In your opinion, why is your research important?
It is our duty to understand and protect our native biodiversity. Pollinators are an extremely important and diverse group of animals that play a vital role in the pollination of many food crops as well as in the maintenance of healthy ecosystems and habitats. In Ireland alone, the economic value of pollination services is estimated at €59 million per year. However, our pollinators are in decline with one-third of our native bee species threatened with extinction.
We need to understand how various bumblebee species function on molecular and ecological levels to be able to protect them from the stressors causing their decline. It is also extremely important that genetic resources are evaluated so they can be identified and protected from hybridisation and/or genetic bottlenecks. Additionally, my research will provide data that will inform researchers, growers and policy makers alike on how to mitigate risks that imported bumblebees pose to native biodiversity.
What are some of the greatest challenges facing researchers in your field? What are the greatest opportunities?
Pursuing a PhD in pollinator research has provided me with fantastic opportunities. The recently established Irish Pollinator Research Network is continuously performing innovative research that has the potential to make a huge difference for pollinator health and wellbeing in Ireland. Connecting with researchers at other universities is highly motivating, as the network provides tremendous support and opportunities for collaboration in this field.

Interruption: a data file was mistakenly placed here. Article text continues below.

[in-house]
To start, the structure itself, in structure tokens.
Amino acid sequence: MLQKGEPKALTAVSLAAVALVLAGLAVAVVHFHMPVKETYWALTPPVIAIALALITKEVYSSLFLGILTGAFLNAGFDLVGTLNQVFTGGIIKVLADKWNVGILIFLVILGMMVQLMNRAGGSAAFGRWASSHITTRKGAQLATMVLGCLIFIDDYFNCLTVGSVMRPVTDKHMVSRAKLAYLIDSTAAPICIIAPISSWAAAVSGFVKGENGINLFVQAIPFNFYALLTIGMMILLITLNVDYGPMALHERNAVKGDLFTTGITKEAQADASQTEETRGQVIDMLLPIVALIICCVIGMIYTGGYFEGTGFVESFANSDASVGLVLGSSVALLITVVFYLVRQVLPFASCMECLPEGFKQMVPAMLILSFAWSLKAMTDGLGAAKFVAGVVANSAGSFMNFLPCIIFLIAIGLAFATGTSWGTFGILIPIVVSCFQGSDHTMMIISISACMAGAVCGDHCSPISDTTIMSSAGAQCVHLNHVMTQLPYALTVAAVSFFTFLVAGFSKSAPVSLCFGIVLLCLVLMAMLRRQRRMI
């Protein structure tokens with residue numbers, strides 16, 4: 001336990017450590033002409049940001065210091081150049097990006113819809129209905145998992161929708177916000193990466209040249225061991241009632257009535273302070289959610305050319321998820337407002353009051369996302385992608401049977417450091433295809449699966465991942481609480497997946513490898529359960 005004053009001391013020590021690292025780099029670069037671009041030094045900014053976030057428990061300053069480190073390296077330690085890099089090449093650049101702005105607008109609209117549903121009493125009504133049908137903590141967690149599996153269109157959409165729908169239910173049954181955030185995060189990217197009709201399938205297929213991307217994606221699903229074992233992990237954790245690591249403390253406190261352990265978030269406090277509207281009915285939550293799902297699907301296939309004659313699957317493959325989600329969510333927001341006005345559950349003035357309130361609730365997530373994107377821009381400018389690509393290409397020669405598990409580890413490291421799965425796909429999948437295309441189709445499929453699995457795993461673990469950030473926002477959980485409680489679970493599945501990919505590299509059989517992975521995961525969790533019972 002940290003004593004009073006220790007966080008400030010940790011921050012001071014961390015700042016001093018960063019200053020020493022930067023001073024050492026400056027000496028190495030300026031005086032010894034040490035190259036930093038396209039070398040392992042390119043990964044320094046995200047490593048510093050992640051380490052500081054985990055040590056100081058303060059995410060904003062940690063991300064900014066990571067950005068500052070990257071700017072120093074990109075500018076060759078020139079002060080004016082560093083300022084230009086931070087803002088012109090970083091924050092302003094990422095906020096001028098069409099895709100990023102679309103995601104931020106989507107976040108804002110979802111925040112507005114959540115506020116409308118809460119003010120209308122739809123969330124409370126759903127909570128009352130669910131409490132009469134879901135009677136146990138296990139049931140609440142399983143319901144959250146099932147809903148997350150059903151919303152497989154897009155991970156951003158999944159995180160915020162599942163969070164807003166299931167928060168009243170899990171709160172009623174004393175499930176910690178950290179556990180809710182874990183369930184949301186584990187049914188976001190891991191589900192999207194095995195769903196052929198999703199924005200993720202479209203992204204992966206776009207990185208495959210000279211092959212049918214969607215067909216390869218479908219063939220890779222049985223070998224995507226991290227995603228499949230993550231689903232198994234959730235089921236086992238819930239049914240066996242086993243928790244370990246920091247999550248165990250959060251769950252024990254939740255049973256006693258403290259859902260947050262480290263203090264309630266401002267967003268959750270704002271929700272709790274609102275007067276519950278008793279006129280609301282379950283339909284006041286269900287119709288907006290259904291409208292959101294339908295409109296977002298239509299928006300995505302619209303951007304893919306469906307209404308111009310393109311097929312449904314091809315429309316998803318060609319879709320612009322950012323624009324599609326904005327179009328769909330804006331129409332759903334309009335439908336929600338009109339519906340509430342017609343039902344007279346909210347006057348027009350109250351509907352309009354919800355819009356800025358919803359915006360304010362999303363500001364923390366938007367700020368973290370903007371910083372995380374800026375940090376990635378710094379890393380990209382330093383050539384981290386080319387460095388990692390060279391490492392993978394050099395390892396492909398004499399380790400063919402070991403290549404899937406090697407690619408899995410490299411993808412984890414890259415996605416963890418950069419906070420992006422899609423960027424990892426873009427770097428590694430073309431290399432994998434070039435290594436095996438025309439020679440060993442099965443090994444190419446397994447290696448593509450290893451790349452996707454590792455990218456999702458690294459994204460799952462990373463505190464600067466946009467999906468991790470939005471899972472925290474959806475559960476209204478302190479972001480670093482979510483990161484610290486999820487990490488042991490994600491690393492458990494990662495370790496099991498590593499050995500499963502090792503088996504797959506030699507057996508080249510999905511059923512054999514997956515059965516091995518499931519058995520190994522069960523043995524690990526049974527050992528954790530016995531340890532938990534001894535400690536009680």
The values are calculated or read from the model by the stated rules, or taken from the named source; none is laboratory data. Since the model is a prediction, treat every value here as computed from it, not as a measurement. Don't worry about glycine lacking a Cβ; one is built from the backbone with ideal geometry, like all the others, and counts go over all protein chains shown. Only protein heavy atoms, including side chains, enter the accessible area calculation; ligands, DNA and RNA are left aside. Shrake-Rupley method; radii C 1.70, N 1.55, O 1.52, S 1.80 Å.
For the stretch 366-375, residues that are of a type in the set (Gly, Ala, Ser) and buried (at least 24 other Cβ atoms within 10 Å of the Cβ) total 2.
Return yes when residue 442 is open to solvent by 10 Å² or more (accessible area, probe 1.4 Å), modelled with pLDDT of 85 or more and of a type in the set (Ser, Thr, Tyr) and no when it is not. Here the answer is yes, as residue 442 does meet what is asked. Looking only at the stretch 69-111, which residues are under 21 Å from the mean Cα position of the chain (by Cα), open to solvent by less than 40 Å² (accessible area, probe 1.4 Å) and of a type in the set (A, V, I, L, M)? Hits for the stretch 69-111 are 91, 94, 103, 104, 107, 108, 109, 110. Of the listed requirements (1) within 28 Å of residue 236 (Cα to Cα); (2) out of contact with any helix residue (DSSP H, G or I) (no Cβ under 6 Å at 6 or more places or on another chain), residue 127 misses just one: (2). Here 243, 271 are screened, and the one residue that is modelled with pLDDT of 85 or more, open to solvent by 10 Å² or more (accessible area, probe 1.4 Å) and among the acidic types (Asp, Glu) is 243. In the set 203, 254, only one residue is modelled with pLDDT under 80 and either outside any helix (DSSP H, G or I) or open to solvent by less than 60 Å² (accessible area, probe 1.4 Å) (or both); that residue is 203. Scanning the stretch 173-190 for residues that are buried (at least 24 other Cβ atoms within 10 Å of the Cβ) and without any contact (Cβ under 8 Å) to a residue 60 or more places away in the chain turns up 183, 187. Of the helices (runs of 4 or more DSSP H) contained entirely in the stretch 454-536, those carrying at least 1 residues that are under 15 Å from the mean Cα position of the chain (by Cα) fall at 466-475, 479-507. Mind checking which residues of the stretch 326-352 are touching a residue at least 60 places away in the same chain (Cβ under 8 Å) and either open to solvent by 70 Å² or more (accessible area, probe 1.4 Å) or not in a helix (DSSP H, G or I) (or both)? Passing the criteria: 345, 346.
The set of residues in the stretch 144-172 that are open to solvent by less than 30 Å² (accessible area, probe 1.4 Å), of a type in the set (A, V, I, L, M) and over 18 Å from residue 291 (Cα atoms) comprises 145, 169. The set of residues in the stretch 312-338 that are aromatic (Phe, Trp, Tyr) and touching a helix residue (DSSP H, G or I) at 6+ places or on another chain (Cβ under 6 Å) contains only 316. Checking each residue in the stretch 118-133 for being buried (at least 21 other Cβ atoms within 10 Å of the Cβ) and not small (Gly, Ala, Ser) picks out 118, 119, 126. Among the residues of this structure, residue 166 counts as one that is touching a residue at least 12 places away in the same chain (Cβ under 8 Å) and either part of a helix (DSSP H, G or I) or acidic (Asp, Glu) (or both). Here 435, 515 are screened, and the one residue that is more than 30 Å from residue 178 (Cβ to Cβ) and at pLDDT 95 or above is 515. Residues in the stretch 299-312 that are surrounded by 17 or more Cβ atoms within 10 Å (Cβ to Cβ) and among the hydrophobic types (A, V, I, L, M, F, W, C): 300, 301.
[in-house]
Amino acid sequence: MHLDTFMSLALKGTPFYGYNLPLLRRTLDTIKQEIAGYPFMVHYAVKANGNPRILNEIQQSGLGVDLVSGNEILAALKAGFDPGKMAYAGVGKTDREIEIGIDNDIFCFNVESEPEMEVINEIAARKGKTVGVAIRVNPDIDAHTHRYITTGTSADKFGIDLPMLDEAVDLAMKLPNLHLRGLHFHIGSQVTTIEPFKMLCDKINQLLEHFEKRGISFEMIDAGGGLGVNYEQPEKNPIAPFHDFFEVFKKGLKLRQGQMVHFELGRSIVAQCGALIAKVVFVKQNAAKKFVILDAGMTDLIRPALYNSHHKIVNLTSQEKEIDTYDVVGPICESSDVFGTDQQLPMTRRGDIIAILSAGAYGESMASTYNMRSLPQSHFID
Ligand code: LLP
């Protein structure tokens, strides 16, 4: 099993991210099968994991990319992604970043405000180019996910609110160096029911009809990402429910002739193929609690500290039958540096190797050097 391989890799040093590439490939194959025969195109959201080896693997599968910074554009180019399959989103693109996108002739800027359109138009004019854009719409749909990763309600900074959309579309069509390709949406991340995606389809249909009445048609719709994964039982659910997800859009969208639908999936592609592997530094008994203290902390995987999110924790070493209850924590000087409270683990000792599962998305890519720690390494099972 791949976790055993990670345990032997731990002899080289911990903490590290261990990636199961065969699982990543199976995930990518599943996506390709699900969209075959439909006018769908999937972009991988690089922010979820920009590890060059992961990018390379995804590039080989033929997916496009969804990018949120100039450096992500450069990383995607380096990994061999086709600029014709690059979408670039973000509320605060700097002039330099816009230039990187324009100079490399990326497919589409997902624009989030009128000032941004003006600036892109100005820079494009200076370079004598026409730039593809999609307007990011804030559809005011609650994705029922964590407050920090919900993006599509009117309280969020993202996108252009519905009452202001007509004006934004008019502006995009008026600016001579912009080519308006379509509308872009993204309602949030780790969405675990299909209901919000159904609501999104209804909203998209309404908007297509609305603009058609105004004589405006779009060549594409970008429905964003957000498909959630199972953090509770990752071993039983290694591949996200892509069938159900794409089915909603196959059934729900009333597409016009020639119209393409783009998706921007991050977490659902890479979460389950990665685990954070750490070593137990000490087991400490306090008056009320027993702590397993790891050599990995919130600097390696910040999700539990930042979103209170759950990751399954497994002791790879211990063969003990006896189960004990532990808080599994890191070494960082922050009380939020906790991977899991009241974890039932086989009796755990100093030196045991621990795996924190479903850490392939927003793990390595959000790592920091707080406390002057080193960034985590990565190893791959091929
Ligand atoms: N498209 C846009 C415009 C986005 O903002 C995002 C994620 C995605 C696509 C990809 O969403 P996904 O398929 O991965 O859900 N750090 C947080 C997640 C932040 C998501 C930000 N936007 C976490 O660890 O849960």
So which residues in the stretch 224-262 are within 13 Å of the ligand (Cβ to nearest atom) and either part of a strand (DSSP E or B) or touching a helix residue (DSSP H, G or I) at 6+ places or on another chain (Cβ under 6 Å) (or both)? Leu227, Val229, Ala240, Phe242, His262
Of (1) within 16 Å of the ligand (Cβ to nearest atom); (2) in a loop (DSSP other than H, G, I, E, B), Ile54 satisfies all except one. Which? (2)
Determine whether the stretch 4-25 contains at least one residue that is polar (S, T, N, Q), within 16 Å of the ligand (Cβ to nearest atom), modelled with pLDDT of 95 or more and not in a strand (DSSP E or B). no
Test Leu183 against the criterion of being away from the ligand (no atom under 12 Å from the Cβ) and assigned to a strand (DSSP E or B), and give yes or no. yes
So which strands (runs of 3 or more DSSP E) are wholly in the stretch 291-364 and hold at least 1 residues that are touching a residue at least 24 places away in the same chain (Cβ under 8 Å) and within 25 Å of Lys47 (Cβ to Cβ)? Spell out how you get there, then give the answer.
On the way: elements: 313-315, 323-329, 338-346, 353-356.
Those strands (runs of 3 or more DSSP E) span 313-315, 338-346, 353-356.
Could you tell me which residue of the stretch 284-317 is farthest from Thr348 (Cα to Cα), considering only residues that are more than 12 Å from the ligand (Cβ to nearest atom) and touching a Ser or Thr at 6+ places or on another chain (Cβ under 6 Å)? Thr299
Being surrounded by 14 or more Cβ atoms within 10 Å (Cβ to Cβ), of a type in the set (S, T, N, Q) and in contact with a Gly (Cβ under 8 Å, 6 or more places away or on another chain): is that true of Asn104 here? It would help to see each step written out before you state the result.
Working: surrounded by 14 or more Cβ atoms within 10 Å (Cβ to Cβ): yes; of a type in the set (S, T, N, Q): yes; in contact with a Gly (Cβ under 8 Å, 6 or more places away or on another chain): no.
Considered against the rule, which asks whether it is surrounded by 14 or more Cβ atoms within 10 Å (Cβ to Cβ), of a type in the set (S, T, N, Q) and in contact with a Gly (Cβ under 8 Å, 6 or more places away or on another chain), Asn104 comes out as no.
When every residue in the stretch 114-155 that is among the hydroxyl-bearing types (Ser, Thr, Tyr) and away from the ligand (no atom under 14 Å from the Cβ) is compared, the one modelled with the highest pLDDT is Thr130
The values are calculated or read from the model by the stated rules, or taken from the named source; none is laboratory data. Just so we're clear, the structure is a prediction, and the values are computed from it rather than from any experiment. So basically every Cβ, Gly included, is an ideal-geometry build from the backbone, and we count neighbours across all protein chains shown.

Pollinator research generates data that contributes to actions outlined in the National Biodiversity Database Centre’s All-Ireland Pollinator Plan, which aims to reverse the decline of pollinators in Ireland. My doctoral research gave me the opportunity to develop the “Guidelines for users of imported bumblebee colonies”, with the support of my supervisors and Una Fitzpatrick in the NBDC, to name a few.
Pollinator research often looks at areas in which there is the potential for a conflict of interest, e.g. agricultural land use and management. Additionally, ensuring that actions are taken and policy decisions are made based on research data can be a significant challenge too. Nevertheless, actions such as the development of the All-Ireland Pollinator Plan are resulting in growing and significant support among the public, the farming community and businesses alike.
How has the Irish Research Council supported you in your work?
It is very rare that you get an opportunity to design a PhD research proposal around a topic that really interests you. Irish Research Council funding has not only allowed me to progress to this next stage of my scientific and academic journey, but it also allows me to perform novel research in a field that is very exciting to me and to develop links with the DAFM, the NBDC, the All-Ireland Pollinator Plan, and outstanding researchers in the pollinator biology field in Ireland and abroad. I am very hopeful that my research findings will have a real and beneficial impact on the wellbeing of one of Ireland’s most important bumblebee species.
The “Guidelines for users of imported bumblebee colonies” can be read on the All-Ireland Pollinator Plan website.
The opinions expressed here are those of the author.